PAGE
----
Give Your Employee Handbook a Facelift
There are two ways to look at employee handbooks:
- As a detailed document whose primary function is to set clear boundaries around employee behavior to provide legal support for any adverse action you might need to take some day, or
- As a means to make employees feel good about working for you as well as a tool to strengthen your recruitment efforts.
The trick is to balance those two purposes without creating a schizophrenic document that nobody will read. Many employers are failing in that regard. It probably won’t surprise you to learn that a large number of employees admit they haven’t read the full handbook. Some have no idea where their handbooks are. And a few say they’ve never even cracked these manuals open.
Don’t “Freak Out”
Some employers, including software developer Valve Inc., emphasize the second purpose. The introduction in Valve’s handbook makes the following statement: “This book isn’t about fringe benefits or how to set up your workstation or where to find source code… [It’s] about the choices you’re going to be making and how to think about them. Mainly, it’s about how not to freak out now that you’re here.”
The handbook refers readers to a website “for more nuts-and-bolts information” — a practical solution that makes it easier for you to keep the document updated. Just remember, when changes are made, you need to inform your employees.
The Valve handbook also covers topics that don’t qualify as nuts-and-bolts, such as the company’s history and philosophy, and this: an explanation of why its workstations are on wheels (to facilitate employee movement from project to project as teams change).
While that approach might not suit your business, it illustrates an effort to make the employee handbook a user-friendly introduction to the company. Food retailer Zingerman’s also employs a casual and graphically engaging employee manual, but suitable for a more traditional workforce. Its handbook’s list of guiding principles includes a direct statement about the importance of profitability (described as the “lifeblood” of the company), while also highlighting the importance of being a “great place to work” and strong customer relationships.
In addition, Zingerman’s handbook covers such practical topics as how to deal with customers on the phone (including giving them a chance to say “no” when asking them if they can wait on hold), how to go the extra mile for customers, and how to resolve conflicts: “Working in a fast-paced, quality-oriented place will inevitably lead to interpersonal frustrations and tensions.
“Our goal isn’t that we all love each other, just that we learn to work together professionally and courteously so that we can deliver great results. … When tension between two of us occurs, it’s imperative that we handle it effectively.” The document then lists steps to accomplish that result.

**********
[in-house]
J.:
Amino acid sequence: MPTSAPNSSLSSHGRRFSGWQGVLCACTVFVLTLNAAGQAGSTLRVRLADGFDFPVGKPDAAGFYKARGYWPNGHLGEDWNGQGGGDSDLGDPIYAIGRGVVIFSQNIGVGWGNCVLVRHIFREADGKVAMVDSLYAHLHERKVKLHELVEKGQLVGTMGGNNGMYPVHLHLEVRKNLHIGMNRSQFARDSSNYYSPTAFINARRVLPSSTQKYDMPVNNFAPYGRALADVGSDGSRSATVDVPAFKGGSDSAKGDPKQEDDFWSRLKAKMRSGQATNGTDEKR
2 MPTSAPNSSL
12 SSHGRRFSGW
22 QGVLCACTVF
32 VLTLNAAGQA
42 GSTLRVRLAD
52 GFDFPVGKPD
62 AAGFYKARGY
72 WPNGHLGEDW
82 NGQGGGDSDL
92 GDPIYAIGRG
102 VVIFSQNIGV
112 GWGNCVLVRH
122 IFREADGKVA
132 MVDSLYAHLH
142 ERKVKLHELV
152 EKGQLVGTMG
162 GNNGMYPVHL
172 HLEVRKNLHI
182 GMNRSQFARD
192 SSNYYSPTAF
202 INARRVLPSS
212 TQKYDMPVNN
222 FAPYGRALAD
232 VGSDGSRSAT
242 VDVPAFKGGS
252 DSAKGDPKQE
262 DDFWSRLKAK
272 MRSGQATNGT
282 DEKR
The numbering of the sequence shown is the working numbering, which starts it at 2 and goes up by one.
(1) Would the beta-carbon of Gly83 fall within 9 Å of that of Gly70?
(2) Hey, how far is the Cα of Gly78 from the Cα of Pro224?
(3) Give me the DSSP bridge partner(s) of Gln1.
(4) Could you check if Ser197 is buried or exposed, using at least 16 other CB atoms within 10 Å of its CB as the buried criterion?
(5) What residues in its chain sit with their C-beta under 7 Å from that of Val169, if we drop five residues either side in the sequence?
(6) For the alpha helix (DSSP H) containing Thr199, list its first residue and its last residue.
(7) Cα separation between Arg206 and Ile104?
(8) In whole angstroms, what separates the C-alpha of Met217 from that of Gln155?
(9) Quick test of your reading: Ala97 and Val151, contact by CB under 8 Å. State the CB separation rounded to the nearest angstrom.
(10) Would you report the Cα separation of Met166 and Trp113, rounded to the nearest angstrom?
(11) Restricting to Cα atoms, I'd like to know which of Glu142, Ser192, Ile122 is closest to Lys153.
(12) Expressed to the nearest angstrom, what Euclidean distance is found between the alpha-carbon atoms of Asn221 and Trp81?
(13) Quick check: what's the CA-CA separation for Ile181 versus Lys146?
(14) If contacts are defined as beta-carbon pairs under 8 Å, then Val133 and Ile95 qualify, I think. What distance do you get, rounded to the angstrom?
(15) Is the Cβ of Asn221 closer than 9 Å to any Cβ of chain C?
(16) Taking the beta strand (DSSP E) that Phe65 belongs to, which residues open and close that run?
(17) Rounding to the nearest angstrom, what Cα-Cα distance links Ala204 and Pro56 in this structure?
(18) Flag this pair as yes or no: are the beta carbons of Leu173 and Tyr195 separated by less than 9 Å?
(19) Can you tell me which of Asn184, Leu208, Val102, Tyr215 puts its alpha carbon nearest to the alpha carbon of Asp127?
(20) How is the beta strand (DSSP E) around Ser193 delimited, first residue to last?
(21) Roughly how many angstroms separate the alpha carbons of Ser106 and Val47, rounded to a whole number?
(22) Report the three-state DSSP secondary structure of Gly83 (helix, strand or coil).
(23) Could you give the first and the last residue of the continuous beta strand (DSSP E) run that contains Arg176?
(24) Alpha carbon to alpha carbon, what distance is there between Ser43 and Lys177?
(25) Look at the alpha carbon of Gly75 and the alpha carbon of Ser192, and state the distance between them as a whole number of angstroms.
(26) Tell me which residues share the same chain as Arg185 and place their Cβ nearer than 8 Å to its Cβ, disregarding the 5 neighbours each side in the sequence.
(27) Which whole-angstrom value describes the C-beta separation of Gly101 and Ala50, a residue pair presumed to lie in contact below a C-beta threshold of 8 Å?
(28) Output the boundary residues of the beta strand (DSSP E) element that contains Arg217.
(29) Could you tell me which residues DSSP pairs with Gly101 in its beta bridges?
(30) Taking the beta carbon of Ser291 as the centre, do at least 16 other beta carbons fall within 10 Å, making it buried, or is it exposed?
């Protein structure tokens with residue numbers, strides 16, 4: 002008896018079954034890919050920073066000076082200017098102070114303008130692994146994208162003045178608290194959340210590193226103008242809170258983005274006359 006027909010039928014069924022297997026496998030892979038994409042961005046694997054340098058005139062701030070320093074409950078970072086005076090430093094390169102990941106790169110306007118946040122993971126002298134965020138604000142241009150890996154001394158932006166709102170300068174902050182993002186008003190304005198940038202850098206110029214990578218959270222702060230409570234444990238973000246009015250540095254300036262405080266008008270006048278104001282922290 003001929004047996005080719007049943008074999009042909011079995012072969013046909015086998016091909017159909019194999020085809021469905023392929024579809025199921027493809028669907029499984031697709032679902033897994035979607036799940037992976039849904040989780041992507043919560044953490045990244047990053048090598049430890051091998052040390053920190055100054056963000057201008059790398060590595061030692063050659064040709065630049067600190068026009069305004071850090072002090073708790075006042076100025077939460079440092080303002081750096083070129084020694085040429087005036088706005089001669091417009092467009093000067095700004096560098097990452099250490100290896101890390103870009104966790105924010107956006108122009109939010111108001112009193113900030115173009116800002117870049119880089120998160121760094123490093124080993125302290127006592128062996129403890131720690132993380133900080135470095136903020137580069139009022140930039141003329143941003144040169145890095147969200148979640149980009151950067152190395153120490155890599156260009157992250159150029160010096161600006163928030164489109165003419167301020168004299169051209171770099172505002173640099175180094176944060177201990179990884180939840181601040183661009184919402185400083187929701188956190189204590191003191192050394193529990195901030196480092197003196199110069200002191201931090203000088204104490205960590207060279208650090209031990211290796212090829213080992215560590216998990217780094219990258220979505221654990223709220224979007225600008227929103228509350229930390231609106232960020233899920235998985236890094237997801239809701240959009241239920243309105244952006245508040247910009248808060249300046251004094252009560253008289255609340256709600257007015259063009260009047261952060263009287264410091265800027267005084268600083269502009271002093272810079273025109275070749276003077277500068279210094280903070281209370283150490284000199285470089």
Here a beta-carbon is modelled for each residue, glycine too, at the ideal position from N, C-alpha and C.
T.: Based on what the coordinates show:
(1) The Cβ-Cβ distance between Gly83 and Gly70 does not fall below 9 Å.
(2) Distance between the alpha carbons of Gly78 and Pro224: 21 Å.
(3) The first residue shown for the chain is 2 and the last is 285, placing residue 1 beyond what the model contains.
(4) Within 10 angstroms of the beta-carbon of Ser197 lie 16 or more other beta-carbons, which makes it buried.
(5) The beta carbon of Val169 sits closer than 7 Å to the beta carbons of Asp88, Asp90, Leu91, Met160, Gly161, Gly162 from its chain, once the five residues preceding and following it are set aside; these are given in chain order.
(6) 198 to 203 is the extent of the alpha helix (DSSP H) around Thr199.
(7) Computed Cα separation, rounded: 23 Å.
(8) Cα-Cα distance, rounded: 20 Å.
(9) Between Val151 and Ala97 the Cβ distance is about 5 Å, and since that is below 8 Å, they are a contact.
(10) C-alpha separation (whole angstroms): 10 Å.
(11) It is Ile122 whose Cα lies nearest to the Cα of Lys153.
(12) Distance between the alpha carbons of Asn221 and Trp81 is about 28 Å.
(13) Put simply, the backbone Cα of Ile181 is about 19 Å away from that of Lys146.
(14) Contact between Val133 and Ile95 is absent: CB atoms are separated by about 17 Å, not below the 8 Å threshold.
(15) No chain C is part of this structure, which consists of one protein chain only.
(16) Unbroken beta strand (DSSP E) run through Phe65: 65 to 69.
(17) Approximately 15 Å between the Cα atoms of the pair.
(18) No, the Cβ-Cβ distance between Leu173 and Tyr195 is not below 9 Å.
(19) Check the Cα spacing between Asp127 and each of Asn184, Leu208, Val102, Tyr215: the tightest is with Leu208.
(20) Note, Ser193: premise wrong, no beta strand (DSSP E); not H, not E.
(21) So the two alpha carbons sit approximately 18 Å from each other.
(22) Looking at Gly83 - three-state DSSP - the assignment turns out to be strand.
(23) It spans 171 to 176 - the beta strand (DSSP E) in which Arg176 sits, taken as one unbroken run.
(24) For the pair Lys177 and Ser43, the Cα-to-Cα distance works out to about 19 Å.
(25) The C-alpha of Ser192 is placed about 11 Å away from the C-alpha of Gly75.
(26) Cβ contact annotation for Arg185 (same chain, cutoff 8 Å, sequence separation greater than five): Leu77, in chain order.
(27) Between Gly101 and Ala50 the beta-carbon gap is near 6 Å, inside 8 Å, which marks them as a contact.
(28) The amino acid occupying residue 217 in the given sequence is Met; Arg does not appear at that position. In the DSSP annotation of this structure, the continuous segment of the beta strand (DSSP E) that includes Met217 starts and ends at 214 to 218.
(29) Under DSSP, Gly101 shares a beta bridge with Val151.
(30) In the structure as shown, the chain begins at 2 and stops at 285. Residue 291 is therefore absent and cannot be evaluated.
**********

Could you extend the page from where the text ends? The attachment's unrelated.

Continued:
Maximize Handbook Mileage
Here are some tips on how to get the most mileage out of your employee handbook.
- Change the name. Most of us hear “employee handbook” and think of something that goes in the bottom desk drawer, never to be viewed again, if at all. One suggestion is calling it, “The Way Things Work at (fill in your company name).”
- State your destination. That is, emphasize the mission and values of your company as a way to inspire your employees. This may also help them better understand the reasons behind some of your policies.
- Why do you do what you do? Describe how your policies back up your values. For example, you might have a policy of never putting a caller on hold more than once, which supports your strong customer service values. When it comes to your company values, skip the boilerplate text and get to the heart of what you believe.
- What makes your company special? Highlight the positives you may offer, such as exceptional employee benefits or a family-first culture. And:
- Sometimes, looks really are everything and you actually can judge a book by its cover. Nobody really wants to crack open a plain black or brown book labeled “Employee Handbook.” If you don’t want it to gather dust or be used to balance an uneven table, give it some visual appeal by incorporating color and graphics.
- Meanwhile, there’s no avoiding the fact that you still need to clearly lay out important policies and procedures that have been reviewed by a labor attorney who knows not only the federal rules, but those in your state and even city.
Remember, new laws and regulations take effect every year, which often needs to be reflected in your handbook and employment practices. In California, for example, new laws that kick in January 1 include one that bans the use of the federal E-verify federal system to check on the citizenship status of employees and job applicants. A new law for New York employers, effective in January, strengthens rules limiting the ways they can legally account for pay differences between male and female employees.
Balancing the legalities with the promotional purposes of employee handbooks is achievable, and well worth the effort.